Talking Points by Dr. Aamer Sarfraz is short and sweet; hitting just above the 100-page mark, it’s a collection of essays – of sorts – that discusses a myriad themes. From parenthood to feminism, from religion to its contemporary interpretations, from Pakistani politics to poetry. Each chapter spans ten or so pages, focusing on one theme. The chapters themselves are structured wonderfully. The author narrates them by interweaving personal experiences, character profiles of real people, engaging and simple-to-follow explanations of psychological research and its applications, as well as any required background history.
The title, Talking Points, is fitting. Each theme is presented in a conversational style; the author puts forth a topic, a psychological, philosophical or political phenomenon, or a personal anecdote before launching into discussion. He interweaves this casual conversation with informative and well-written research from psychology- covering the theories put forth by the likes of Bowlby, Harlow, Rogers and Maslow without ever overdoing the psychological jargon. He explains it in terms that everyday audiences can fully understand and appreciate. The sheer amicability of the language is the book’s biggest strength. It makes the reader feel as if he’s engaged in an intellectually stimulating conversation rather than sitting and listening to someone rattle off points relating to the topic at hand.
As for the discussions themselves, Dr. Aamer Sarfraz presents interesting insight into Pakistani politics and the current state of Islam. He applies psychological and philosophical concepts to real-life situations, such as why the current government in Pakistan operates the way it does – both on a party level and an individual level. He presents interesting, unorthodox discussions and interpretations of Islam; specifically regarding hijab and how it’s a societal concept rather than an Islamic one. I’d never seen the conversation presented from that lens, so it was both fascinating and illuminating.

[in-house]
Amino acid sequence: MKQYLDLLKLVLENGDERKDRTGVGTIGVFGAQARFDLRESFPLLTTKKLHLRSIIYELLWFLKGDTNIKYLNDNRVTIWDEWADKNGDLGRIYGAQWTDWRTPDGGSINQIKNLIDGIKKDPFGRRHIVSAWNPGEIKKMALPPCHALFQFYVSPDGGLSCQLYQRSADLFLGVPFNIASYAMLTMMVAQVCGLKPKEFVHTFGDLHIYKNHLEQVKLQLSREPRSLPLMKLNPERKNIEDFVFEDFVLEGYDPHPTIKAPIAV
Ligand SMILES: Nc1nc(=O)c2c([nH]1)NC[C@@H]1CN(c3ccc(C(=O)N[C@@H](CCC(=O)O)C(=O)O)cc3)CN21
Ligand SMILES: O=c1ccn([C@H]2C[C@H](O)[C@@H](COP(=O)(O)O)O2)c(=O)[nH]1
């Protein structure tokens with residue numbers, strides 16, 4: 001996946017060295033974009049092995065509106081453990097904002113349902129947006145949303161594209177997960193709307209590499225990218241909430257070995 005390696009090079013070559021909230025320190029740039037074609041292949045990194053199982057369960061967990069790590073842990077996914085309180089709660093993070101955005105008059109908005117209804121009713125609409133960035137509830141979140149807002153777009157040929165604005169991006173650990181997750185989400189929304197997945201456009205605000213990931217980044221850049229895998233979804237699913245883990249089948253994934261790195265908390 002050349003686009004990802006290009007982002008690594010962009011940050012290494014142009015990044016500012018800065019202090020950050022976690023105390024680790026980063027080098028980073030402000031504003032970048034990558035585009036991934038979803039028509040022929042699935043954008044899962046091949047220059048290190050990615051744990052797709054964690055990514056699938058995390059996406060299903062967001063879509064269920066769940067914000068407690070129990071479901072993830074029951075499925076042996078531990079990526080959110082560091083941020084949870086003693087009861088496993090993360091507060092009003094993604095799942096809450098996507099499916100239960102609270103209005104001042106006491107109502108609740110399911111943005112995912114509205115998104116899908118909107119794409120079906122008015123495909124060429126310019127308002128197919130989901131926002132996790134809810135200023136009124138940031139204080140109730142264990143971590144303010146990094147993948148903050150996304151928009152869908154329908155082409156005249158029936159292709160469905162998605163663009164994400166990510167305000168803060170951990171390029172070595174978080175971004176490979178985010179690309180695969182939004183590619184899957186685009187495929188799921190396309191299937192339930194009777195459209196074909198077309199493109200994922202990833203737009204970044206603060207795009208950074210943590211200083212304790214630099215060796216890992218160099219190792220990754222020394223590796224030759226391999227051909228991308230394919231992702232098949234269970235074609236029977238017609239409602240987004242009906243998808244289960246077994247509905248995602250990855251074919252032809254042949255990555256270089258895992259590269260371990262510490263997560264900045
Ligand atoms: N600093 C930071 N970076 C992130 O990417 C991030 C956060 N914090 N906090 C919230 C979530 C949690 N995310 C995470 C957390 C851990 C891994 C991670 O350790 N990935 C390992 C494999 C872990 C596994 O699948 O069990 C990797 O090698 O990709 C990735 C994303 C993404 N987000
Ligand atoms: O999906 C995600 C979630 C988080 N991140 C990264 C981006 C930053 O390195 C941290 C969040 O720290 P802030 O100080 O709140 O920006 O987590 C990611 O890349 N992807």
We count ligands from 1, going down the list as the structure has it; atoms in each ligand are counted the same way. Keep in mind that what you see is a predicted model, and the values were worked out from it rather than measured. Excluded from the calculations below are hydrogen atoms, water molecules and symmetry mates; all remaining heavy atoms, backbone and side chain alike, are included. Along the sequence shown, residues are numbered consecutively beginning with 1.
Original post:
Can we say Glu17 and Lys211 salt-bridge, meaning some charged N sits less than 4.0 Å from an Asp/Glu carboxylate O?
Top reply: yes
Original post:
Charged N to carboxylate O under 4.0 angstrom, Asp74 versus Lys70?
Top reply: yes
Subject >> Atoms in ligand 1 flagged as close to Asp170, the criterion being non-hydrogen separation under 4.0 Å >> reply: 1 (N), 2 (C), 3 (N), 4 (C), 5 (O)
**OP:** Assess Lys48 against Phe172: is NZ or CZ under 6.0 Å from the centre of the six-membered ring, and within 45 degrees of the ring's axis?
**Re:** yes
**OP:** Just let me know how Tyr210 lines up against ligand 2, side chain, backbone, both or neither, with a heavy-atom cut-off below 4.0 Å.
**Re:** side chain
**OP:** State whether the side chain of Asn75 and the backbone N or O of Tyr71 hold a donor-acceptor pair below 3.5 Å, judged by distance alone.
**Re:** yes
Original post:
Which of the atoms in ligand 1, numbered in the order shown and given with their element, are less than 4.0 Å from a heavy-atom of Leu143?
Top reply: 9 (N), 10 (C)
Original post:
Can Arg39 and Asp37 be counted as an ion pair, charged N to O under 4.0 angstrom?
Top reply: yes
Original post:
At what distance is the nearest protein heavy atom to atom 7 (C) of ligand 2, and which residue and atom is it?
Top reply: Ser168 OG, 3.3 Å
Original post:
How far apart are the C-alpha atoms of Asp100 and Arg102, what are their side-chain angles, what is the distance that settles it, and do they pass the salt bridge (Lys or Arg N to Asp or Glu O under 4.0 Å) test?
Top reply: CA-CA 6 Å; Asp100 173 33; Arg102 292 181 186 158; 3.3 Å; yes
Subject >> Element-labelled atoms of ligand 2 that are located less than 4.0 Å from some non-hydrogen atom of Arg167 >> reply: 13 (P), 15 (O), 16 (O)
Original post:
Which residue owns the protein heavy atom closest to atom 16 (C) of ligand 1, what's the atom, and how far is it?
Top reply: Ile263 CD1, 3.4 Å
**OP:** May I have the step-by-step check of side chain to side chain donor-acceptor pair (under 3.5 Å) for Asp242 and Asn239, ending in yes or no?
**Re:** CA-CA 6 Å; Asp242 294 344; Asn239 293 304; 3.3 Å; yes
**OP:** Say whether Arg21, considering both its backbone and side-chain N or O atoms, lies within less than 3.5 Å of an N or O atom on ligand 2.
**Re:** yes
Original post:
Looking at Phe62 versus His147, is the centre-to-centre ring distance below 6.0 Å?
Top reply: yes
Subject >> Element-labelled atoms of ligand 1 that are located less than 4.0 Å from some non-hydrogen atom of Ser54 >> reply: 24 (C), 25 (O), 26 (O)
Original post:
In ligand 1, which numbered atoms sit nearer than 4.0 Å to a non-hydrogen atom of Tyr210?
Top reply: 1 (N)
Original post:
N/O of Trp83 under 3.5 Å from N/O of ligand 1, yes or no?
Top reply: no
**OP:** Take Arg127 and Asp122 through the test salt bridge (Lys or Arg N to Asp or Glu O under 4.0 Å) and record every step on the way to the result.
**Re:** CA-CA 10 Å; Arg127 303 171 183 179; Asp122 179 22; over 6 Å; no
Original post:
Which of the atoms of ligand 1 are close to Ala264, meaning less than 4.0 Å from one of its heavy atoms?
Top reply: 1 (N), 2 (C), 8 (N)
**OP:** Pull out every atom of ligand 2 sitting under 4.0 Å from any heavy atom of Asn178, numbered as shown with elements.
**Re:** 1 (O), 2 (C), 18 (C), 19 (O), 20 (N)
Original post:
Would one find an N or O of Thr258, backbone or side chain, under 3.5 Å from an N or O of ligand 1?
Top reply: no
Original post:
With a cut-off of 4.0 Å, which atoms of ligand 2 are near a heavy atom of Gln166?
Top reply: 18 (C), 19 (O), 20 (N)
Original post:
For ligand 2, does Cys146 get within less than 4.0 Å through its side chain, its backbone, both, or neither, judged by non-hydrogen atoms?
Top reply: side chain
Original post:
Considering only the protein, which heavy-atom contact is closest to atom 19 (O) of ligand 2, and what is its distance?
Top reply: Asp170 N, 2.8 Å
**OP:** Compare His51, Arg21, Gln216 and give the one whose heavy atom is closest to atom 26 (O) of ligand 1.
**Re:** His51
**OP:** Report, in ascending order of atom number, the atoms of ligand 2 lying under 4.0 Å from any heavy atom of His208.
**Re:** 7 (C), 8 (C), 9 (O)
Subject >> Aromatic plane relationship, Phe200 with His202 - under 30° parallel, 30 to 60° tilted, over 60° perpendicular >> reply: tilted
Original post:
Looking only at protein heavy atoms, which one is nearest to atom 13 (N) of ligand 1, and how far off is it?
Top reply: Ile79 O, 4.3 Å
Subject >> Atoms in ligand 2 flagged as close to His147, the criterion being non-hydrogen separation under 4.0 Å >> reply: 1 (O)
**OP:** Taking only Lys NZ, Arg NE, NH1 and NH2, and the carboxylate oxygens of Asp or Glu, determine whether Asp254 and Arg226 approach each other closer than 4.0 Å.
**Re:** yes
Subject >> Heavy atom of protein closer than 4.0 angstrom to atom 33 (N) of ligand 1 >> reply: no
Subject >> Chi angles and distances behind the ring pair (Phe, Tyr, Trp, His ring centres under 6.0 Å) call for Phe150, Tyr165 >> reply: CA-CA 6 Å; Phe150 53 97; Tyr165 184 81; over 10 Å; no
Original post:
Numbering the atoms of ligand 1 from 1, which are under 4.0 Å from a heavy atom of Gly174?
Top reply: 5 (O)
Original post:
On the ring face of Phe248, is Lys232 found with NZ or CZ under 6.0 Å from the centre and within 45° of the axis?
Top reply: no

My only gripe with the book was its overall structure. All the chapters were interconnected somehow; they all felt like they belonged into the book, but the way they were ordered made the book feel somewhat disjointed. For example, there are three or four chapters about women – from their role in Pakistani society, in religion, discussions about parenthood – yet they’re scattered throughout the book. If it were up to me, I would have structured it in a way that they were closer together so that the conversation flowed better. If the chapters were arranged so that those that were closely related were together, some transitions wouldn’t have seemed as jarring. Apart from this rather minor complaint, Talking Points is fascinating, informative and a welcome addition to my trove of books.